An individual Selectman has little if any formal authority. Authority is vested in the Board. The way the Board exercises its authority is by voting on specific items or voting on a policy. My understanding (which could be wrong) is that the Board did not vote to investigate this matter. That vote would have pretty much compelled the TA to provide the information.

So, the alternative left to an individual Selectman to “get to the bottom of the matter” is the same alternative available to any citizen, a public records request. That request will require that the TA produce the required documents (with certain exceptions like personnel records) within 10 days.

Of more interest is the authority vested in the Advisory Committee. Under town by law they have very broad authority to investigate management practices of the town.

“The Advisory Committee shall have authority at any time to investigate the books, accounts and management of any department of the Town, and the books and accounts of all departments and officers of the Town shall be open to inspection of the Committee and of any person employed by it.” Section 9-13-D Code of the Town of Southborough.

The Advisory Committee, however, does not have the authority to make policy. Its only authority is found in the “Bully Pulpit” of a report to Town Meeting.

John boiardi
8 years ago

I can’t believe the big “to do” about the layoff of a town employee. Does the DPW head have the authority to reduce staff? If she does then what’s the issue? Does the DPW have a budget? Is she authorized to manage her budget. I realize that the employee was a valued employee. Does this issue mean that once employed by the town ( or government) that you have a guaranteed job for life? Does that mean that all budgetary decisions end up with the BofS after the budgets are allocated? Have there ever been layoffs in the public sectors? Have there ever been layoffs in the private sector? I hope the economy doesn’t turn down requiring more layoffs.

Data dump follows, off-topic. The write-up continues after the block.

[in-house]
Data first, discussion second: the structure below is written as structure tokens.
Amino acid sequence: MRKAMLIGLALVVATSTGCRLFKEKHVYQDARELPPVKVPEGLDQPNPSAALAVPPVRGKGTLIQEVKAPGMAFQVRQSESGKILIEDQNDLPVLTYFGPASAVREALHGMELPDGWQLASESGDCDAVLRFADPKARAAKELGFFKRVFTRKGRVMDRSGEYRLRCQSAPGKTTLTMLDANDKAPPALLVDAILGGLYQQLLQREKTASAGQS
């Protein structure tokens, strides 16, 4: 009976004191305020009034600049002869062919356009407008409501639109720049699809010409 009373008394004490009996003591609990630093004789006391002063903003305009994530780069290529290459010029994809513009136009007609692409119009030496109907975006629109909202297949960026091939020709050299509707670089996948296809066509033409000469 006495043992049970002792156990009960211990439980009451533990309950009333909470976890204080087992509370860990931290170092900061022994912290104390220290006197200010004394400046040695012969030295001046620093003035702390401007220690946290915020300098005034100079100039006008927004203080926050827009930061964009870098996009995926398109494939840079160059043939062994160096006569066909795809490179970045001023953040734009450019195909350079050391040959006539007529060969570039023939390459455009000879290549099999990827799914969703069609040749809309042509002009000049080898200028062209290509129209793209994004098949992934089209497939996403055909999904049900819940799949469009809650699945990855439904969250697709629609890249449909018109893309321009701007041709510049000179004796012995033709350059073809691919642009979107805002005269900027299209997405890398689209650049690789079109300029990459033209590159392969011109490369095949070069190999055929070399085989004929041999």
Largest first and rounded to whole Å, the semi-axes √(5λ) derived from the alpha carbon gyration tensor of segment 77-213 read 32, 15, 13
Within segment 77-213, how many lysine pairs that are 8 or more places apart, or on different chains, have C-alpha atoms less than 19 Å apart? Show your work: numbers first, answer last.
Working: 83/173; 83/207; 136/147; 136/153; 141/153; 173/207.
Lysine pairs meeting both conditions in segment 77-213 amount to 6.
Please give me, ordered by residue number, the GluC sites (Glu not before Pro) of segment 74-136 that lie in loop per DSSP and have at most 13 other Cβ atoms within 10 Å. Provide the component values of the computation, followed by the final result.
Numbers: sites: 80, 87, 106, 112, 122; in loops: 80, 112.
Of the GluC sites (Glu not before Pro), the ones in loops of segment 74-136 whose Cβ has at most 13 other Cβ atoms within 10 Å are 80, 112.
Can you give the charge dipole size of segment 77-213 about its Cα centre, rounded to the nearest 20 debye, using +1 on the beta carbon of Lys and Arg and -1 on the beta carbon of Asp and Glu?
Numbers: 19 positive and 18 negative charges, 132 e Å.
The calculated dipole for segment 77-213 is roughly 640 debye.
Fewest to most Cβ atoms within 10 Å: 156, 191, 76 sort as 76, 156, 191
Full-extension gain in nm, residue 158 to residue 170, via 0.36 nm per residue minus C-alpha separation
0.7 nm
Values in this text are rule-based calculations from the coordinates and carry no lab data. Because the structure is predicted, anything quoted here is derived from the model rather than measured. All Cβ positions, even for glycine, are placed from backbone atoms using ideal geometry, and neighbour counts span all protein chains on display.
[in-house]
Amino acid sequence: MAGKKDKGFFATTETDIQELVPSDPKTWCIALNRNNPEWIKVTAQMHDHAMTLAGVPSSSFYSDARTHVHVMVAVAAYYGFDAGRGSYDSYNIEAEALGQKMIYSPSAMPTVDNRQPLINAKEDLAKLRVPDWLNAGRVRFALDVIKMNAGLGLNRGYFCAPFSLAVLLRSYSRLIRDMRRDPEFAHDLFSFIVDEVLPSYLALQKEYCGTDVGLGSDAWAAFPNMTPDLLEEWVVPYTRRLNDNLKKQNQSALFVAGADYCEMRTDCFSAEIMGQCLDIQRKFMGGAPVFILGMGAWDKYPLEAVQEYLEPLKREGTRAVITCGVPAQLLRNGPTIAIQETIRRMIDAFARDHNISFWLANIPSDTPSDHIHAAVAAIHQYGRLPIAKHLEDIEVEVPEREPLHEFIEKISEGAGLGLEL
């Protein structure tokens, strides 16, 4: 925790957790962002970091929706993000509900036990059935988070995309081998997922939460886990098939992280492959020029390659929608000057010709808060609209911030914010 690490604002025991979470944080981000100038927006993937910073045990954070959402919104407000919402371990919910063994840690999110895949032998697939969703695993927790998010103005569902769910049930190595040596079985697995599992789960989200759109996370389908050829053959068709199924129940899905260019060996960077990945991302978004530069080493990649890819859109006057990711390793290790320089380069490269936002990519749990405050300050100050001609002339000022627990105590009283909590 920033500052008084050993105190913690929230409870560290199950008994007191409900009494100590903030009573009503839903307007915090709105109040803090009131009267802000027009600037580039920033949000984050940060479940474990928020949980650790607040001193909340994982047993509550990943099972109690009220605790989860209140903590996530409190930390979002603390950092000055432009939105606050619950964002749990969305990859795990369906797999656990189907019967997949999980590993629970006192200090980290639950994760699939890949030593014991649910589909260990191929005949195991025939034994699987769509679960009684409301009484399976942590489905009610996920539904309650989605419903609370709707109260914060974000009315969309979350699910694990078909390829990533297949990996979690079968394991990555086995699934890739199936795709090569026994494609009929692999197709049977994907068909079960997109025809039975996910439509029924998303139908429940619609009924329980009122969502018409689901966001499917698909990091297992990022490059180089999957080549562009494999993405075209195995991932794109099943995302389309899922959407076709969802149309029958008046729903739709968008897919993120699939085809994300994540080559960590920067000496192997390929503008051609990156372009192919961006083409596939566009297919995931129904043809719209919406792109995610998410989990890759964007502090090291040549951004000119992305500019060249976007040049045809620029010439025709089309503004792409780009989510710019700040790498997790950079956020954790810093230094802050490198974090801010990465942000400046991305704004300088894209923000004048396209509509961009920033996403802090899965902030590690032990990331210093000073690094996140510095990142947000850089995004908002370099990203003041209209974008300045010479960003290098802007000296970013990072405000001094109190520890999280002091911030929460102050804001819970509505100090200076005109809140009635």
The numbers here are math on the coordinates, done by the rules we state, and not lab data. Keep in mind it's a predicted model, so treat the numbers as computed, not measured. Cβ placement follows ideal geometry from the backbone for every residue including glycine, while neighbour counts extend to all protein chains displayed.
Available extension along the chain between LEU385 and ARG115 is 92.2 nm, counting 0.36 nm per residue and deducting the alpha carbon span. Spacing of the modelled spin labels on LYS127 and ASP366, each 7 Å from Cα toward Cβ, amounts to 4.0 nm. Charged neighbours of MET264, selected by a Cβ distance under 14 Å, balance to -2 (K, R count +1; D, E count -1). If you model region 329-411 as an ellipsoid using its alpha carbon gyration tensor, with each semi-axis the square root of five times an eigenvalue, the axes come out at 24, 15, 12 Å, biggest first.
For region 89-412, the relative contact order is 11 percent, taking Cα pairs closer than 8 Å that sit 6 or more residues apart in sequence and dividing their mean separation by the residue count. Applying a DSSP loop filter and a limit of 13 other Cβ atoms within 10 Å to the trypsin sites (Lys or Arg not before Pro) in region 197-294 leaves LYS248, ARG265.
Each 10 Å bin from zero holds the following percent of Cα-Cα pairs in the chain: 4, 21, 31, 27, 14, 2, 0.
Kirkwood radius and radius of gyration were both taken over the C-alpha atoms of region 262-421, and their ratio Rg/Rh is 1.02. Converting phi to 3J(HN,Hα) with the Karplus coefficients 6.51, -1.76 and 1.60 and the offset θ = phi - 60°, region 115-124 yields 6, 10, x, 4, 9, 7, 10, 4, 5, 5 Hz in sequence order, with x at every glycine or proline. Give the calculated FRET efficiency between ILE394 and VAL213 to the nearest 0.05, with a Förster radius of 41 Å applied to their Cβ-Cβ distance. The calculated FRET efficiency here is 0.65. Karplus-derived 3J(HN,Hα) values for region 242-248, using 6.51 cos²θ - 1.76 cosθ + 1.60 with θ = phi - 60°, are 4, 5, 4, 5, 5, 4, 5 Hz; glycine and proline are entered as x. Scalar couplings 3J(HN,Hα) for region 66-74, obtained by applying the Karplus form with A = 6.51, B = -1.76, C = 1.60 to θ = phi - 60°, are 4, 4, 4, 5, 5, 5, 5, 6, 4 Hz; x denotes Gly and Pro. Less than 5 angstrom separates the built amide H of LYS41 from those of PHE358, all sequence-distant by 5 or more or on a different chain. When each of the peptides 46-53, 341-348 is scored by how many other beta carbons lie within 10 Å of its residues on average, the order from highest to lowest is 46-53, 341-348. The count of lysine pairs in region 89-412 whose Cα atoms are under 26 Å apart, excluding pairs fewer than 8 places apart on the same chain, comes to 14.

Tim Martel
8 years ago
Reply to  John boiardi

John, I think the issue is about how it was done as much as what was done.

John boiardi
8 years ago
Reply to  Tim Martel

Tim,

How do you feel it should have been done?

Tim Martel
8 years ago
Reply to  John boiardi

Given our bylaws and our BOS policies, it is appropriate for the DPW head to keep operational matters at the level of “department head / town admin”. But strategic plans and budgets should remain fully within the direct oversight of the BOS. Layoffs are not regular events, and should never be glossed over as if they were just another annual operation. This is a case where the DPW head should have presented options/recommendations to the BOS and allowed them to make the choice.

The DPW head should have presented a detailed strategic plan (not just a budget) for this department to the BOS (and ideally Advisory, and talking to the Personnel board could have made sense) including a clear statement that a position was being eliminated as part of the outsourcing model being proposed. Having been clear that this was a case of a position being eliminated (i.e. not a personnel issue), she should have then presented options and her recommendation for the impacted employee – whether to transfer to another position in the DPW, or maybe a transfer to a position elsewhere in town govt, or to layoff (and if to layoff, the process, timeframe, and compensation).

With this information, the BOS could have made clear decisions on: 1) if they wanted to outsource cemetery maintenance, 2) if so, whether the elimination of the position in question was appropriate, 3) if so, what solution to adopt for the impacted employee, 4) if a layoff, their level of involvement in the messaging/process.

My sense is that the BOS needs to better communicate the intention of their “administration policy” to the town admin and department heads, who in this case chose an interpretation that inappropriately took the power of choice away from our elected leaders.

John Butler
8 years ago
Reply to  John boiardi

John,
In one sense you are right. If it had been handled correctly, it should not be an issue. But, there were so many egregious errors.